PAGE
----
(1) any component of any pistol, revolver, firearm, shell, or cartridge the sale of which is subject to federal excise tax, including shot, bullets and other projectiles, propellants, and primers; and
(2) any sport fishing equipment the sale of which is subject to federal excise tax and sport fishing equipment components. Requires the Secretary of the Interior and the Secretary of Agriculture (USDA), for any film crew of five persons or fewer, to require a permit and assess an annual fee of $200 for commercial filming activities or similar projects on federal land and waterways administered by the Secretary. Makes such a permit valid for such activities or projects that occur in areas designated for public use during public hours on all federal land and waterways administered by the Secretary for a one-year period. Allows an applicable land management agency to deny access to a film crew if:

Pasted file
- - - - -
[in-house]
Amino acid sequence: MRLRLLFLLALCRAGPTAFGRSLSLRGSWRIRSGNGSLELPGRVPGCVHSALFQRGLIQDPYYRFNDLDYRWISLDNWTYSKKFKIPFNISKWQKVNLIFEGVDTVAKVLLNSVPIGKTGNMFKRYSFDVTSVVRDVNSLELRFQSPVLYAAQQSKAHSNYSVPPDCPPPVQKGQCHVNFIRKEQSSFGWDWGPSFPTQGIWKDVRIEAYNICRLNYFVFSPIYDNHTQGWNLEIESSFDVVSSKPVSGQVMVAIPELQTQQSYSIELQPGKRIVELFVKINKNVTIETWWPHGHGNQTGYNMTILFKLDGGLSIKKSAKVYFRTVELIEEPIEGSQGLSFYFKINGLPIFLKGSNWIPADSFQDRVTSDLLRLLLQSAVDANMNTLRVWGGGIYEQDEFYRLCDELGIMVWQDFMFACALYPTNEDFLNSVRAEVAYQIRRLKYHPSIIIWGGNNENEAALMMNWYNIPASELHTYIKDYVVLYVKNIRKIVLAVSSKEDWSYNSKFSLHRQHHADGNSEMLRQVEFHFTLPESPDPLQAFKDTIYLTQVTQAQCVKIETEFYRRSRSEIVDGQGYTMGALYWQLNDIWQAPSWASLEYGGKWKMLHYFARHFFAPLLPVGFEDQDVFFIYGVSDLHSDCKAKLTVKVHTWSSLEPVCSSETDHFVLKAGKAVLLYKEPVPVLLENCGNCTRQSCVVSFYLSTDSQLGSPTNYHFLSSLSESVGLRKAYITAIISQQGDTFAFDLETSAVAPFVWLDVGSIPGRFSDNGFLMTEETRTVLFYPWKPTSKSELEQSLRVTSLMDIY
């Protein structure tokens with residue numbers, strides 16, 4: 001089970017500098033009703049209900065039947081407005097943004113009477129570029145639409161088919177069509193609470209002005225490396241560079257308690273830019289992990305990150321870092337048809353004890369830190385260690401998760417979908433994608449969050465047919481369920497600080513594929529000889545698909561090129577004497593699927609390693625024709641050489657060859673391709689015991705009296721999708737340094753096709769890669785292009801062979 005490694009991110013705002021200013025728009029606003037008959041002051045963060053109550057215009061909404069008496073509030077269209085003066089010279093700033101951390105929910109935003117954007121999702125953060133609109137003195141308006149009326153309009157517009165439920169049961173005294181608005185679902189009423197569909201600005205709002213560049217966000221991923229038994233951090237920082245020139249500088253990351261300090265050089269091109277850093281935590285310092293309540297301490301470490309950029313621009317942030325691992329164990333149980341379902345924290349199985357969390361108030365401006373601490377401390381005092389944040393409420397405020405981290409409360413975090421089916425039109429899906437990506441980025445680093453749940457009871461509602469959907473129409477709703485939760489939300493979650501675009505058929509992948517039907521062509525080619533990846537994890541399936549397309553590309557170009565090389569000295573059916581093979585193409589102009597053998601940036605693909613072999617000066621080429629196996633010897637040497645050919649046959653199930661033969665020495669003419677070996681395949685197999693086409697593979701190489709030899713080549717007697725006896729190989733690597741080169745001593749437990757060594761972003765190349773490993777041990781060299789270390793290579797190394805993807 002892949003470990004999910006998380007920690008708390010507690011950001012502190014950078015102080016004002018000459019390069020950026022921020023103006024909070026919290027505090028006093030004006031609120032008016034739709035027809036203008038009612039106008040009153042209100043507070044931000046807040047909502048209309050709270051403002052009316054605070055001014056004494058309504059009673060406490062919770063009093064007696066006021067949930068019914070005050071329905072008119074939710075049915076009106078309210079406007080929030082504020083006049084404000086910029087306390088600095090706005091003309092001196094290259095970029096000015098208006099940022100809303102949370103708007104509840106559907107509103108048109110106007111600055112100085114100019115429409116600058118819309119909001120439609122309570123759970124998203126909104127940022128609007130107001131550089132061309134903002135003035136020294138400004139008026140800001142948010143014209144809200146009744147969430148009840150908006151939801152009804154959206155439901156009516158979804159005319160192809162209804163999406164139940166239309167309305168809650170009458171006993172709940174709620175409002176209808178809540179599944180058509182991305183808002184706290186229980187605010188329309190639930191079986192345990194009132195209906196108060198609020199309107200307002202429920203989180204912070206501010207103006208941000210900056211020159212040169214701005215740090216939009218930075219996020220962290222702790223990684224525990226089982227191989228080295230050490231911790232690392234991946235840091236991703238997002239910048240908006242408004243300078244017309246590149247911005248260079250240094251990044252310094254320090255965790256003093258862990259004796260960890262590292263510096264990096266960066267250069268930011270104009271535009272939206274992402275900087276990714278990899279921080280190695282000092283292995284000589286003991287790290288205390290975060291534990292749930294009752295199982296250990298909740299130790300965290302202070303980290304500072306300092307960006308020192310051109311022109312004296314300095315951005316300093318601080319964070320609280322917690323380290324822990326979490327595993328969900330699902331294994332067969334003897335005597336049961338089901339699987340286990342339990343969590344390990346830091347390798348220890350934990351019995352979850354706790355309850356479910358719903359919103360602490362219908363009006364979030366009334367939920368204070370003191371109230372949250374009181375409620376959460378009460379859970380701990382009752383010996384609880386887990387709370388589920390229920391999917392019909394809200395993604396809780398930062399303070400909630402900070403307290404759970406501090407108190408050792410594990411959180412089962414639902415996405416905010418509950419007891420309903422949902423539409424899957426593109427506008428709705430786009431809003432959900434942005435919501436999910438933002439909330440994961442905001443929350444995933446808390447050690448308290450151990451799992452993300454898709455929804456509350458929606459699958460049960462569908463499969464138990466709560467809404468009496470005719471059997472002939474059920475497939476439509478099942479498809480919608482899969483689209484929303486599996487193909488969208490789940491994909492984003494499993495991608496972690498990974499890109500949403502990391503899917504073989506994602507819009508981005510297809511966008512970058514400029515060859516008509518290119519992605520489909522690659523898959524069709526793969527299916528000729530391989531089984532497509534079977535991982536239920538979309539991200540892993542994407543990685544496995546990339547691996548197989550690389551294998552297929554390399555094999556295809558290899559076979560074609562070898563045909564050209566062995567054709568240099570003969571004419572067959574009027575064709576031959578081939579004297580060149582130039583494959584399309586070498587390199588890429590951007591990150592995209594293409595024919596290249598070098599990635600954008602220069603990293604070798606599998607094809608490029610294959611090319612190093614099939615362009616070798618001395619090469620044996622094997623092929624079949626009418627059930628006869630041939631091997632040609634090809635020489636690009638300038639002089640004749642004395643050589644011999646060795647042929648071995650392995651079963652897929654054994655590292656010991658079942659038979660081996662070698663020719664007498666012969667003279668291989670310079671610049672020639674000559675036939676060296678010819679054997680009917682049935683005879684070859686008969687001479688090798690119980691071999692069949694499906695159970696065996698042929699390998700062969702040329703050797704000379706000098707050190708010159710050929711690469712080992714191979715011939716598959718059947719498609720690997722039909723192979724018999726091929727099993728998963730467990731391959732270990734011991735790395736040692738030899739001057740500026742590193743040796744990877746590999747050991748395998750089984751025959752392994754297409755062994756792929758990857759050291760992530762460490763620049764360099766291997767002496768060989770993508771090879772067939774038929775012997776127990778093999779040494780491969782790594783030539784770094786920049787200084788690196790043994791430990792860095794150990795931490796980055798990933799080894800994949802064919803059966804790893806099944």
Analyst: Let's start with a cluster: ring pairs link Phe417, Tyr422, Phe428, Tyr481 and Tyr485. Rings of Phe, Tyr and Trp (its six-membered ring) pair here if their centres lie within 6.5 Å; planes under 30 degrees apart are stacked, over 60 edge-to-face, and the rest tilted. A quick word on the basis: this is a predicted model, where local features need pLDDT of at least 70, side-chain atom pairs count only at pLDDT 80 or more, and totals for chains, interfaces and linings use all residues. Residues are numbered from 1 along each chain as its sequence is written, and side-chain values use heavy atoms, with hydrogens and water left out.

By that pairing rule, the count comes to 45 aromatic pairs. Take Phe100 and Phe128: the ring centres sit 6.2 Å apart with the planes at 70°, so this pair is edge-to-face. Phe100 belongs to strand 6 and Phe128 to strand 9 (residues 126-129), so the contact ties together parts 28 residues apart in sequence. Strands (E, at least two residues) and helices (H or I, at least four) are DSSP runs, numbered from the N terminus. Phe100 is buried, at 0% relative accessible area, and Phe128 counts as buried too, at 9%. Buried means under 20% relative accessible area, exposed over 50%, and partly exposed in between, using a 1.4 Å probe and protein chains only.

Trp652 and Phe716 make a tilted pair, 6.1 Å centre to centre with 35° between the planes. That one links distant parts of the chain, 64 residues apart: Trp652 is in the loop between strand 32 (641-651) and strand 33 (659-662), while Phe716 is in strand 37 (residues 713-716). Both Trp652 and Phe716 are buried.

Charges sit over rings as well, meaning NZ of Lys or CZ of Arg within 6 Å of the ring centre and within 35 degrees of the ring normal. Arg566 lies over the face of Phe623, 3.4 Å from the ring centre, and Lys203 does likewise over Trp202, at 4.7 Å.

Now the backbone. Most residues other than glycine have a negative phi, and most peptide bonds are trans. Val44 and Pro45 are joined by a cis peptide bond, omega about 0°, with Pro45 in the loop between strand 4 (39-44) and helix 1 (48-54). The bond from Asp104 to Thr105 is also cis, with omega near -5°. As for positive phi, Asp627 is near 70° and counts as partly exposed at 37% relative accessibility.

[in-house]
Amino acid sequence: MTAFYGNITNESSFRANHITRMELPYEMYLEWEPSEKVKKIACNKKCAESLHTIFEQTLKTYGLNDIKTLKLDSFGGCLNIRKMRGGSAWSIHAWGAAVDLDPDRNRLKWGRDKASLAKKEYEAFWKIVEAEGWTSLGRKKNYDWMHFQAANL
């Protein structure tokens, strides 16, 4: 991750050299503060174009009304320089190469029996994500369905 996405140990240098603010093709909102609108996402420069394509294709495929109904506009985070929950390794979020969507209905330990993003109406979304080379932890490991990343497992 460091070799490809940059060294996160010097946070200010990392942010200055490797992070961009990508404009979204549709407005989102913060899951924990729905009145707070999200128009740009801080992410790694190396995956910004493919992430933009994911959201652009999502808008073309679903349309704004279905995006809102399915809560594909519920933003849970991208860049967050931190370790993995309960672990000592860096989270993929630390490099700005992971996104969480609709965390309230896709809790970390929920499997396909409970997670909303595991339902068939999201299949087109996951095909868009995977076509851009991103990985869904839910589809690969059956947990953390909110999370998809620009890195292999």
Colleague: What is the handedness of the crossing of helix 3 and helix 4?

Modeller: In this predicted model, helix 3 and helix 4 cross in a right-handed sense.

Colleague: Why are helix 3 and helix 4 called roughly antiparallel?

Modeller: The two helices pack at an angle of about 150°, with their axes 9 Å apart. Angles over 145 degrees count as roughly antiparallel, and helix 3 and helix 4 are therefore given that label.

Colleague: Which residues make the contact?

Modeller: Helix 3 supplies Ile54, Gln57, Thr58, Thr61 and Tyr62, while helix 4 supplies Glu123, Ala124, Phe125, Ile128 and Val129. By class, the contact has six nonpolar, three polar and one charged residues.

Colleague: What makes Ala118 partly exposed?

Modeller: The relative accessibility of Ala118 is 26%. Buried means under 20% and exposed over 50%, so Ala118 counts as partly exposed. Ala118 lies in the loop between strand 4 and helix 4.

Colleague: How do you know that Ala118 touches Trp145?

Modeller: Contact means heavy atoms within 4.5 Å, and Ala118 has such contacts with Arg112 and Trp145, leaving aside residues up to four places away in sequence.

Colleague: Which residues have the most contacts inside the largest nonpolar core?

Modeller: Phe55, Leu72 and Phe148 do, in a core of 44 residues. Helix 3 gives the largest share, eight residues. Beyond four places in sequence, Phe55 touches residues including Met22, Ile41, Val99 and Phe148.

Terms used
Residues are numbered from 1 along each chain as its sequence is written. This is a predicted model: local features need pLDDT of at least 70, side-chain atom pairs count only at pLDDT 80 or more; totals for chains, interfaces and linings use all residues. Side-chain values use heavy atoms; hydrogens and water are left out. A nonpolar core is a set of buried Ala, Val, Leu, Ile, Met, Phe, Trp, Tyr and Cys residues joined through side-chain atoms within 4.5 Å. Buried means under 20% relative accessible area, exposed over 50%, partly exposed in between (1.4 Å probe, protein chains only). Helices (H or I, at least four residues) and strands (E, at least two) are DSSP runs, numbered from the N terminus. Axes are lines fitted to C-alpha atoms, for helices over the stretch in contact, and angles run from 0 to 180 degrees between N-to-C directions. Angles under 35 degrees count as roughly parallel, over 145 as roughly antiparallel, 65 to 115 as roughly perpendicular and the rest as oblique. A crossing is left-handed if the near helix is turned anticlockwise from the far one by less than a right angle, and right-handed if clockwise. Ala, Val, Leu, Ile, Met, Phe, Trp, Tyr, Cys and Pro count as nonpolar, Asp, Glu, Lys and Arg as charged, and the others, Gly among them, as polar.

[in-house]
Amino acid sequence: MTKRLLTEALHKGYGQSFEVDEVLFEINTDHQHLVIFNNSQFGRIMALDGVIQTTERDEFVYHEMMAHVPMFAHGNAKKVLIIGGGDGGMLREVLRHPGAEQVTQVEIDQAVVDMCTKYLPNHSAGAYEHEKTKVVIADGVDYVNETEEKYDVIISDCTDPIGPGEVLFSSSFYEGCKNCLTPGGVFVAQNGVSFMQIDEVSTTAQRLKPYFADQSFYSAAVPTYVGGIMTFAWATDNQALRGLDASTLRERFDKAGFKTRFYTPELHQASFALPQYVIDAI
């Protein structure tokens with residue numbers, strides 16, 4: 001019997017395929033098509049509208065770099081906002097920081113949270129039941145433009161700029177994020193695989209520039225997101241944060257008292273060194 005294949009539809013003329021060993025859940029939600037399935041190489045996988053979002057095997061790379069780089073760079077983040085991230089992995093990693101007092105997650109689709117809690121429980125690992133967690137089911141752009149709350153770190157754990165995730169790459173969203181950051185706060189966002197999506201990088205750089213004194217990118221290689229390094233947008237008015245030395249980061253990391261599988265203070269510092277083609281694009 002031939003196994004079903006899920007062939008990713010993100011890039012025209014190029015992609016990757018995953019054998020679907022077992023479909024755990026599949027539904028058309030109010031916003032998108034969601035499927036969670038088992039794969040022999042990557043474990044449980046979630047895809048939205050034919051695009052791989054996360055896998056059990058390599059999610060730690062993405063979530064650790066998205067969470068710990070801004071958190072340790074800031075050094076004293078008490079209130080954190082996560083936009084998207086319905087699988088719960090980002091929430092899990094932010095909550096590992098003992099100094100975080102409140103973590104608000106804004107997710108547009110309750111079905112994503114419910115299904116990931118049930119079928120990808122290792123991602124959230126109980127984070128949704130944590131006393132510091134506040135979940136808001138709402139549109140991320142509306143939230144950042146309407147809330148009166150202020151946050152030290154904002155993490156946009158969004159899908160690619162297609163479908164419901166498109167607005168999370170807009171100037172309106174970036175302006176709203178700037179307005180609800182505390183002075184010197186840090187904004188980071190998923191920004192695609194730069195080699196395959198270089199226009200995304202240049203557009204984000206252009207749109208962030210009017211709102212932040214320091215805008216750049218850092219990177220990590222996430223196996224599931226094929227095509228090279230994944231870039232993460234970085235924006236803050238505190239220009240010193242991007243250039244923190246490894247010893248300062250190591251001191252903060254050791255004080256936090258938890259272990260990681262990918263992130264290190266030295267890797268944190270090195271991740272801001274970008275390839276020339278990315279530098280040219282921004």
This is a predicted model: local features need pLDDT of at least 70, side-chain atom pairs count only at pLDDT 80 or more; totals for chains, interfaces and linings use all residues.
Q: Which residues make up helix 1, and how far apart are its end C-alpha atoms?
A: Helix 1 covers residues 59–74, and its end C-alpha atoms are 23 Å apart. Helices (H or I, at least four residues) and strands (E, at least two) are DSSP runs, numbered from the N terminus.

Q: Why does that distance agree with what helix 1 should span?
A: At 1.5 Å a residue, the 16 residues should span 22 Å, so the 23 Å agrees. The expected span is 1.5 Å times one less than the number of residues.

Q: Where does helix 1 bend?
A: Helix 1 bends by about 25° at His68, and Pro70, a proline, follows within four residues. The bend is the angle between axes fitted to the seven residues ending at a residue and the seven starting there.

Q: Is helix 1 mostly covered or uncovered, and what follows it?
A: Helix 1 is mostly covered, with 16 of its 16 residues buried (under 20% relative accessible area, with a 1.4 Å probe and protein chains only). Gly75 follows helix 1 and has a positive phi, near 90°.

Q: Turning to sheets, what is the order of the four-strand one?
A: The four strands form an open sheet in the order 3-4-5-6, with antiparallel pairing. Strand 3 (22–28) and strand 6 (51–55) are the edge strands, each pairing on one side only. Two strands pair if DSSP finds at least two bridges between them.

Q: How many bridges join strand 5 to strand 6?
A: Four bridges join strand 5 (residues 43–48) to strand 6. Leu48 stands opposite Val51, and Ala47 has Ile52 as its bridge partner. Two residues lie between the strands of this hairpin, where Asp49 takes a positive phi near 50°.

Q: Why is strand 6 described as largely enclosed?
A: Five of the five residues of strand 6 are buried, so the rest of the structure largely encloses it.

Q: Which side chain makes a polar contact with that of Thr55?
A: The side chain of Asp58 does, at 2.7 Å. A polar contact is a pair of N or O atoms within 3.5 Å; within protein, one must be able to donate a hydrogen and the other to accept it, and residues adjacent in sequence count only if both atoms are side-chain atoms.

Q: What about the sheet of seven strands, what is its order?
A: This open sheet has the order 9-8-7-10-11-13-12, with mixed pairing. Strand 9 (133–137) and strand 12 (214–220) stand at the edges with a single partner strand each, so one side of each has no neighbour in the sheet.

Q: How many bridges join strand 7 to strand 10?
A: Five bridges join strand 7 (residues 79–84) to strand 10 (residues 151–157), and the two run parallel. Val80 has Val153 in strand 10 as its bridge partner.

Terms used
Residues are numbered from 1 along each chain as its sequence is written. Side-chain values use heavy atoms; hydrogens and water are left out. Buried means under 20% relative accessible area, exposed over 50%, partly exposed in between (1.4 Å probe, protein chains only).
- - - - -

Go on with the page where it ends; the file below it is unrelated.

(1) there is a likelihood of resource damage that cannot be mitigated,
(2) there would be an unreasonable disruption of the public use and enjoyment of the site,
(3) the activity poses public health or safety risks, and
(4) the filming includes the use of models or props that are not part of the land's natural or cultural resources or administrative facilities.